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OU football: Why Nathan Rawlins-Kibonge could be a difference-maker quickly for Sooners

OU defensive coordinator Alex Grinch's recruiting pitch for players thinking about other schools: “You’re going to be sitting on the couch watching us play for a national championship.” [Bryan Terry/The Oklahoman]
OU defensive coordinator Alex Grinch's recruiting pitch for players thinking about other schools: “You’re going to be sitting on the couch watching us play for a national championship.” [Bryan Terry/The Oklahoman]

As Nathan Rawlins-Kibonge’s virtual visit with OU wrapped up last spring, Sooners defensive coordinator Alex Grinch looked in the camera and delivered a blunt, confident prediction.

“You can look at all this and you can go somewhere else,” Grinch said. “But at the end of the day, you’re going to be sitting on the couch watching us play for a national championship.”

The Sooners had already made quite the impression on the highly recruited defensive end from Portland, from his long-established relationship with outside linebackers/defensive ends coach Jamar Cain to the personalized, all-out press the entire coaching staff put on him during the visit.

But Grinch’s delivery took it over the top.

“Because that’s exactly the type of person I am and that is exactly the attitude I have toward things,” Rawlins-Kibonge said. “I just felt like it was just perfect.”

Rawlins-Kibonge, eventually committed to the Sooners in June and signed in December without ever having visited Oklahoma.

The first time he met Sooners coach Lincoln Riley face-to-face was in January when he moved in.

Though confidence isn’t an issue for Rawlins-Kibonge, he still could hardly believe, even in December, he was signing with a program like Oklahoma.

“My first year of football was the year they offered me,” Rawlins-Kibonge said.

He’s played in all of 10 games.

Rawlins-Kibonge (6-foot-7, 240 pounds) had wanted to play football for several years but his mother, Teresa Rawlins, wouldn’t allow it.

So Rawlins-Kibonge made a name for himself on the basketball court.

“Everyone was always telling me to play (football) because when it comes to basketball, I play like a football player,” Rawlins-Kibonge said. “I hustle, I get rebounds, I block shots, I’m just super aggressive.”

Entering his junior year, Rawlins finally relented and allowed her son to play football.

By the time Rawlins-Kibonge began playing football, he thought his future was set. The forward committed to Washington State to play basketball in June 2019.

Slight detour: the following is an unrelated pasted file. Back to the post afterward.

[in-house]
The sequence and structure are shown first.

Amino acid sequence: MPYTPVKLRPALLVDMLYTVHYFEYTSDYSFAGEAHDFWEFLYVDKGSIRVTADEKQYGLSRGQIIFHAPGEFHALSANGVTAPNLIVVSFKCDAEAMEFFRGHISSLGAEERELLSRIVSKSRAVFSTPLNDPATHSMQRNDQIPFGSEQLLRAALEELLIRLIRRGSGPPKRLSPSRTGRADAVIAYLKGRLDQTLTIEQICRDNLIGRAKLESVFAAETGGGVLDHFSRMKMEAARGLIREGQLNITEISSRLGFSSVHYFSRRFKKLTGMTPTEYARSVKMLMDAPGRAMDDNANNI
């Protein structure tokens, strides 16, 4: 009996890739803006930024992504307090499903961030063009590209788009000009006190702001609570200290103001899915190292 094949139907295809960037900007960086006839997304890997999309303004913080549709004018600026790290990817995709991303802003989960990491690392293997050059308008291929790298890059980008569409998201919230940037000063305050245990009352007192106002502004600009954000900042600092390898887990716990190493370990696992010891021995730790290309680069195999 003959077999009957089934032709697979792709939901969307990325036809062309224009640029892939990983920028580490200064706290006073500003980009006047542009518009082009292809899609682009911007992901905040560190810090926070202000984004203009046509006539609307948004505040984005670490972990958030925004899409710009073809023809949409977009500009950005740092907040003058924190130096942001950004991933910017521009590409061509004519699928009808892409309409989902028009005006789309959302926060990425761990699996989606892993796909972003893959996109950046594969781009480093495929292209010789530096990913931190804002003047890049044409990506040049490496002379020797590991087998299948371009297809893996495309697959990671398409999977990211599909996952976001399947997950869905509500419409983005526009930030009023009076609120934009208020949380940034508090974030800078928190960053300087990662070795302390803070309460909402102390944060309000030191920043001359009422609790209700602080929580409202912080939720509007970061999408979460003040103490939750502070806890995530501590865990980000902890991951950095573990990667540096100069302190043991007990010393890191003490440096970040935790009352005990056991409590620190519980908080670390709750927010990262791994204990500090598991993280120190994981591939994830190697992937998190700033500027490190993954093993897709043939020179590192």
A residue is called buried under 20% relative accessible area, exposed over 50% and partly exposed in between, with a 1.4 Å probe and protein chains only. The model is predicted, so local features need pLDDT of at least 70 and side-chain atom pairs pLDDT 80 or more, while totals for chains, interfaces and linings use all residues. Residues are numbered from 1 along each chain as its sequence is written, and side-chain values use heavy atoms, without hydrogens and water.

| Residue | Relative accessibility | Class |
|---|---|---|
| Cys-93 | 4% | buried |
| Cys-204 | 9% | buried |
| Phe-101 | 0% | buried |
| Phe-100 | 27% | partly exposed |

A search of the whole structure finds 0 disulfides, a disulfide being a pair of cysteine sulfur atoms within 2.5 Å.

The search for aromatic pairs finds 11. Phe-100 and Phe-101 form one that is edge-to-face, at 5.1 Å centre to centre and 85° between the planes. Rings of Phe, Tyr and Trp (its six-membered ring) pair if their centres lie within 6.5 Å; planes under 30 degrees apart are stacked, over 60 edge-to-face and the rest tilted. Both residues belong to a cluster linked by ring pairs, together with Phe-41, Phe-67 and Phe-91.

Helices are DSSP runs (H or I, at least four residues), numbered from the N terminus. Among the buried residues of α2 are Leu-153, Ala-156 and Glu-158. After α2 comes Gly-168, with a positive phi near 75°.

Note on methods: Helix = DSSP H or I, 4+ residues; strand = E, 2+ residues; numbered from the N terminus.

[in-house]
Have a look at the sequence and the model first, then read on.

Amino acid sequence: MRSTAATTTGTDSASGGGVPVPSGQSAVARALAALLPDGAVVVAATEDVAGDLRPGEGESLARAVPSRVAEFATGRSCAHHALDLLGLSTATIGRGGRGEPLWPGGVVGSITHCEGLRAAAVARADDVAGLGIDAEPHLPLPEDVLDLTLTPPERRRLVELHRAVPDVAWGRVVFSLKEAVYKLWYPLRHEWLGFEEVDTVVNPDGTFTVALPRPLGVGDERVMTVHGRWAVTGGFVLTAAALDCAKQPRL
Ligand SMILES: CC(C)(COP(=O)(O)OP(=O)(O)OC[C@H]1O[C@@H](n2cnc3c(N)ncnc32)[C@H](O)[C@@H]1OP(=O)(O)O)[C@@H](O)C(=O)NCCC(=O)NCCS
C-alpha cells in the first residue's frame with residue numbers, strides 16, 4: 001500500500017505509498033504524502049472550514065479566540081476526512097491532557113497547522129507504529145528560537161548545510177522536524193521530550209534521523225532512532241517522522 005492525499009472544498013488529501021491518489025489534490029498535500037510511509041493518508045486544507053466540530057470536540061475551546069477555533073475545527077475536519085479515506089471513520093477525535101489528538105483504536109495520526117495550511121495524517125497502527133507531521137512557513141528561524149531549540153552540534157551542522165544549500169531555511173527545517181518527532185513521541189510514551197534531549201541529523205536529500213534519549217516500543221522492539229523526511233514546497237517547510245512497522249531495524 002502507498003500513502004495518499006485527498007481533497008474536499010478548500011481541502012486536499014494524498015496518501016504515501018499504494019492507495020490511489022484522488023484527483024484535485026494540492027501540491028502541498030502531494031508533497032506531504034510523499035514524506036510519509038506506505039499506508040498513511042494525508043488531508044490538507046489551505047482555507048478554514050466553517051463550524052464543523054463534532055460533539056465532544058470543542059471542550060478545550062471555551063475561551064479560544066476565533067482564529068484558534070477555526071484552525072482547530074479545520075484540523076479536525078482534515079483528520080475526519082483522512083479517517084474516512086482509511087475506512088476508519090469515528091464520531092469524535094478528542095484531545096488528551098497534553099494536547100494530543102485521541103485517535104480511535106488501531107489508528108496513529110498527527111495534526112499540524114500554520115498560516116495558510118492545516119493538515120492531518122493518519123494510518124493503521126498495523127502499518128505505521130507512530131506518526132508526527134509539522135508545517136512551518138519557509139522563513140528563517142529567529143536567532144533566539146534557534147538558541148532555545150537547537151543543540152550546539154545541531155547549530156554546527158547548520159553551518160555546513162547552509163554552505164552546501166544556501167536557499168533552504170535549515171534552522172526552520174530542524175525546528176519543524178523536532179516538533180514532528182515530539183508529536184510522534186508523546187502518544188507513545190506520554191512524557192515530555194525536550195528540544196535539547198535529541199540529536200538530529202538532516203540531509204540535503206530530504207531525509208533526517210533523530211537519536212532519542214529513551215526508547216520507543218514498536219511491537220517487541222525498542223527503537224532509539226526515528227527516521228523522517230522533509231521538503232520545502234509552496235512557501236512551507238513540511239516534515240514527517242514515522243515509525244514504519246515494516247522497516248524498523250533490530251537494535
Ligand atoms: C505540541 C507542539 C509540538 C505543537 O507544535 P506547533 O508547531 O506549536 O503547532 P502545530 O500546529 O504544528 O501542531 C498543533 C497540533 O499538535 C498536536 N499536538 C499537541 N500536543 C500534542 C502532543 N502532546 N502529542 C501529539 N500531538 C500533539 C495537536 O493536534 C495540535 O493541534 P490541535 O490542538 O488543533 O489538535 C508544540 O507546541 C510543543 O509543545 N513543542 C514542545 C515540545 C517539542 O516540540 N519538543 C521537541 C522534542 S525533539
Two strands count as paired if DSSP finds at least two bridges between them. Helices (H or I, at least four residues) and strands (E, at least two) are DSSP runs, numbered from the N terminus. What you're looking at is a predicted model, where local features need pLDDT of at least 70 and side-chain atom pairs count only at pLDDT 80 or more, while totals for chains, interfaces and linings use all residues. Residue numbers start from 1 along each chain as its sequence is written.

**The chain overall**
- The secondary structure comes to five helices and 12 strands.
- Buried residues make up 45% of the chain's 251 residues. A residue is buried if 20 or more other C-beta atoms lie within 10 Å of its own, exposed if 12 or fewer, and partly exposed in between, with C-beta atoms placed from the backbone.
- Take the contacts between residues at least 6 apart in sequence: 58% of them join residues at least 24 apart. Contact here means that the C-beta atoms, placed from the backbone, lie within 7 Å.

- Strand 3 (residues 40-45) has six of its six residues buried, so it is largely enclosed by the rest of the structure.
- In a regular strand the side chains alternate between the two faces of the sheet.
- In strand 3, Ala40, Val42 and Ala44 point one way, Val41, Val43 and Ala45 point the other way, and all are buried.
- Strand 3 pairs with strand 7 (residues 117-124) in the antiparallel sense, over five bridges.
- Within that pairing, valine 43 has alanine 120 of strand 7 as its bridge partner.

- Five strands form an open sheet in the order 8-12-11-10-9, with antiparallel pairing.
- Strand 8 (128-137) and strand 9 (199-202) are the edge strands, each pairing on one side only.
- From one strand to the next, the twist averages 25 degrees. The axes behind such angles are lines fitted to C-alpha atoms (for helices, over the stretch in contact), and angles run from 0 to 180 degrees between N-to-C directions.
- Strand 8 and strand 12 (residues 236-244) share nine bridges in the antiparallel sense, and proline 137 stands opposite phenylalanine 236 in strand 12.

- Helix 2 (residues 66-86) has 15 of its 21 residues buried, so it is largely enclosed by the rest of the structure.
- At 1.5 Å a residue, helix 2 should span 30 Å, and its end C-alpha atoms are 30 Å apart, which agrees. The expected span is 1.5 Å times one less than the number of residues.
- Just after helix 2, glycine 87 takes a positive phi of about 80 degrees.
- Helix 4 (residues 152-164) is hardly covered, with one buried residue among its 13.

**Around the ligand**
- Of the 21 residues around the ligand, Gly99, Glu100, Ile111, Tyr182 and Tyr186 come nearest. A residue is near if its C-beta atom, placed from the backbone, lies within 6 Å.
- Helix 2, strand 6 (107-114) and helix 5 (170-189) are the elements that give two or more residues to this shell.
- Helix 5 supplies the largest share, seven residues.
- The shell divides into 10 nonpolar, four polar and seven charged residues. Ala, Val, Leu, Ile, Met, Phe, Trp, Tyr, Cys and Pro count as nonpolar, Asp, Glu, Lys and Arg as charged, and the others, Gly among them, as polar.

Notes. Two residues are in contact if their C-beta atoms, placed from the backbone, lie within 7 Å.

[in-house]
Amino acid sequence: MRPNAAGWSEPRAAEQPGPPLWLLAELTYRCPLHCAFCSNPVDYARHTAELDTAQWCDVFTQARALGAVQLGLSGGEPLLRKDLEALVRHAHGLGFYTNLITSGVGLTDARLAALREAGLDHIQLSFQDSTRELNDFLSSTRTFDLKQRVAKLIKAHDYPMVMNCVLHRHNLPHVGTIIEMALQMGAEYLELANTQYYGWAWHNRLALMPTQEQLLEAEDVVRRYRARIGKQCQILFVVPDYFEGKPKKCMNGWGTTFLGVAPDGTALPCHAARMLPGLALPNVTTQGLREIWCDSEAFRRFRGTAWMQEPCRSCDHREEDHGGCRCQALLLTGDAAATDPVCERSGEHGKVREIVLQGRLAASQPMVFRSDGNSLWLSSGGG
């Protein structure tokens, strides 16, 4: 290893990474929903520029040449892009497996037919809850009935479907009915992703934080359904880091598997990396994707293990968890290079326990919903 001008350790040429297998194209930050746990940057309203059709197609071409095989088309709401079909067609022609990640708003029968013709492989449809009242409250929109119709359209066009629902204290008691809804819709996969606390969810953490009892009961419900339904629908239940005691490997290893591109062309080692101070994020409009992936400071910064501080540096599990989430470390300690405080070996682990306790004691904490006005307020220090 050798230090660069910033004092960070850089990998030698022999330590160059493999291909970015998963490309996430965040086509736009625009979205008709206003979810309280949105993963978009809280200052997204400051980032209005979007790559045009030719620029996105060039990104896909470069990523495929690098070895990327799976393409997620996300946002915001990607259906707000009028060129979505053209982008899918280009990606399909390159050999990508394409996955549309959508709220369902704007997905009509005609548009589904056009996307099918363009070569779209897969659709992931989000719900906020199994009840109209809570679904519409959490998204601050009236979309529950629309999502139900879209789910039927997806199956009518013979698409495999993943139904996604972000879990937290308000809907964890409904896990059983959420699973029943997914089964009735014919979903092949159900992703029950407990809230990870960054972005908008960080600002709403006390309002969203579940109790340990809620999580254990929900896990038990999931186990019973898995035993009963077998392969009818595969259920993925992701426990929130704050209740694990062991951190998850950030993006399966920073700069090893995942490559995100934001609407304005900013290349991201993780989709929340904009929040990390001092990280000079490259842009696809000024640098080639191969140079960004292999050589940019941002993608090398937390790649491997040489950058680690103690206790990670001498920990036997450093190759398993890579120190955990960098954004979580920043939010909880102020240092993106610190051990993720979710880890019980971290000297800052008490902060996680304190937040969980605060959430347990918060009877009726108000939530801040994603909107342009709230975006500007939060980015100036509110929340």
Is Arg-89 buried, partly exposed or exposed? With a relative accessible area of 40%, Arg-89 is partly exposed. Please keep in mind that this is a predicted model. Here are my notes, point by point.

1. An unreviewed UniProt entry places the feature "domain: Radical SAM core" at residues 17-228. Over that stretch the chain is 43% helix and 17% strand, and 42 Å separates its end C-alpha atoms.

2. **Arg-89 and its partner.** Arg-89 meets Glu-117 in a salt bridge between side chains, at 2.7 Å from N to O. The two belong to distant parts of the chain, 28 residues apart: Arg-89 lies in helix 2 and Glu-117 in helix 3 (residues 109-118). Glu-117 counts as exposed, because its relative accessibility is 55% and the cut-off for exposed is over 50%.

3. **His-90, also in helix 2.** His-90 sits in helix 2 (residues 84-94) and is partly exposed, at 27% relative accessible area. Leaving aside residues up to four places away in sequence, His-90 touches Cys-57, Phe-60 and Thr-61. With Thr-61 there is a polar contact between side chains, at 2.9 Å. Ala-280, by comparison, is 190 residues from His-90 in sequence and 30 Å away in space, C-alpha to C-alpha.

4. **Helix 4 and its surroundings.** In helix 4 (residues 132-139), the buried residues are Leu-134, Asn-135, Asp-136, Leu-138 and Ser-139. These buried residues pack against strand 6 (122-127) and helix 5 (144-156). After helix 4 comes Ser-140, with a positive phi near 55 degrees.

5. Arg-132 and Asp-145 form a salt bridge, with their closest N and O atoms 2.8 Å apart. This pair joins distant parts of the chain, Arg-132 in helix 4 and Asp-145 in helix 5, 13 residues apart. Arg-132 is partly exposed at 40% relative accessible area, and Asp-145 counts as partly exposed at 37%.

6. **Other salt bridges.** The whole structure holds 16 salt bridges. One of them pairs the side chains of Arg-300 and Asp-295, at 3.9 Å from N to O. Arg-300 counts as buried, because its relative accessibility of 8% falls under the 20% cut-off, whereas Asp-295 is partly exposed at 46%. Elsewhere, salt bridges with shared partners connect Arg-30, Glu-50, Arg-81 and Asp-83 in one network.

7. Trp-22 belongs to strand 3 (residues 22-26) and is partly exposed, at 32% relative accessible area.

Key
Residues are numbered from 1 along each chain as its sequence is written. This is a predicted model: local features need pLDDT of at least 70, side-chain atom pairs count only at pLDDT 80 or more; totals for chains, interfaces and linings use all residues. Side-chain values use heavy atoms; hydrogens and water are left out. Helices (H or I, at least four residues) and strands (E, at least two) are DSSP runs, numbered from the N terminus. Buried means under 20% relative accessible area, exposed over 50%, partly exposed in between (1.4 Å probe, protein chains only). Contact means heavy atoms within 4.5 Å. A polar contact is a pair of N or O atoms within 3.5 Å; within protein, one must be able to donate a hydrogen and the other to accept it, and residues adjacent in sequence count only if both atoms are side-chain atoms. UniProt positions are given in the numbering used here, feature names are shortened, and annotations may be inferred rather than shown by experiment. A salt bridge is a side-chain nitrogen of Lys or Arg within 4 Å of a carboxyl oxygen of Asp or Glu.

But before his first season of football, his coach, Don Johnson Jr., surprised him during a talk.

“By the end of the season, I’m going to have you like 14 or 15 offers,” said Johnson, who is now the director of player personnel at Oregon.

Rawlins-Kibonge thought Johnson was crazy.

“But it was really like that,” Rawlins-Kibonge said. “As soon as the first one came in, every week I was getting letters and calls. I literally was talking to somebody every day.”

His first offer came from Arizona State, where he was recruited by Cain, who was then the Sun Devils’ defensive line coach.

When Cain was hired by Lincoln Riley, Rawlins-Kibonge thought that was the end of his chance to play for Cain. But about two weeks after Cain arrived in Norman, he called Rawlins-Kibonge and extended an offer.

When the COVID-19 pandemic began and virtual visits became the reality of recruiting, OU made a big splash.

“I did a couple other virtual visits and I’d log on there and there’s be a couple other kids on there with me and we’d raise our hands to ask questions and do group activities,” Rawlins-Kibonge said.

“Then I went to OU’s and they were on the field. My name was on everything. It was my locker, people were saying my name, and it was just me on the call, and it was every coach — I think there was only one coach missing — talking to me and my uncle, I think, at that time.

“They had the best virtual visit.”

Having all the coaches there made quite the impression, as did the personalization and a display of the Sooners’ Jordan Brand shoes.

But then Grinch delivered his closing argument and Rawlins-Kibonge was sold.

So was Grinch, even after Rawlins-Kibonge’s second — and final — high school season was wiped out by the pandemic.

“He’s one of those guys from a size standpoint that checks the boxes from an athletic standpoint,” Grinch said of Rawlins-Kibonge. “We think that is a very high ceiling, and part of that is his makeup. It’s not just the measurables or the film that shows some explosion. It’s the conversations that we’ve had — his desire, his want-to.”

Rawlins-Kibonge plans to play for the Sooners’ basketball team — if his body can handle it and the academic course load isn’t too much.

“‘It really does depend on how I feel after the football season heading into basketball season,” Rawlins-Kibonge said. “It’s definitely a challenge, especially because of the degree I want to get.

“It’s going to be hard to be a dual-sport (athlete) and have that degree but at the same time, I don’t know if I’m really ready to stop playing basketball but I’ll just see how I’m feeling when the time comes.

Rawlins-Kibonge is planning on studying aerospace engineering, because of his fascination with space travel as well as automobiles.

“I’m really interested in seeing how things work and how we get to different things, different places, different ideas,” Rawlins-Kibonge said.

Ryan Aber

Ryan Aber has worked for The Oklahoman since 2006, covering high schools, the Oklahoma City RedHawks, the Oklahoma City Barons and OU football recruiting. An Oklahoma City native, Aber graduated from Northeastern State. Before joining The... Read more ›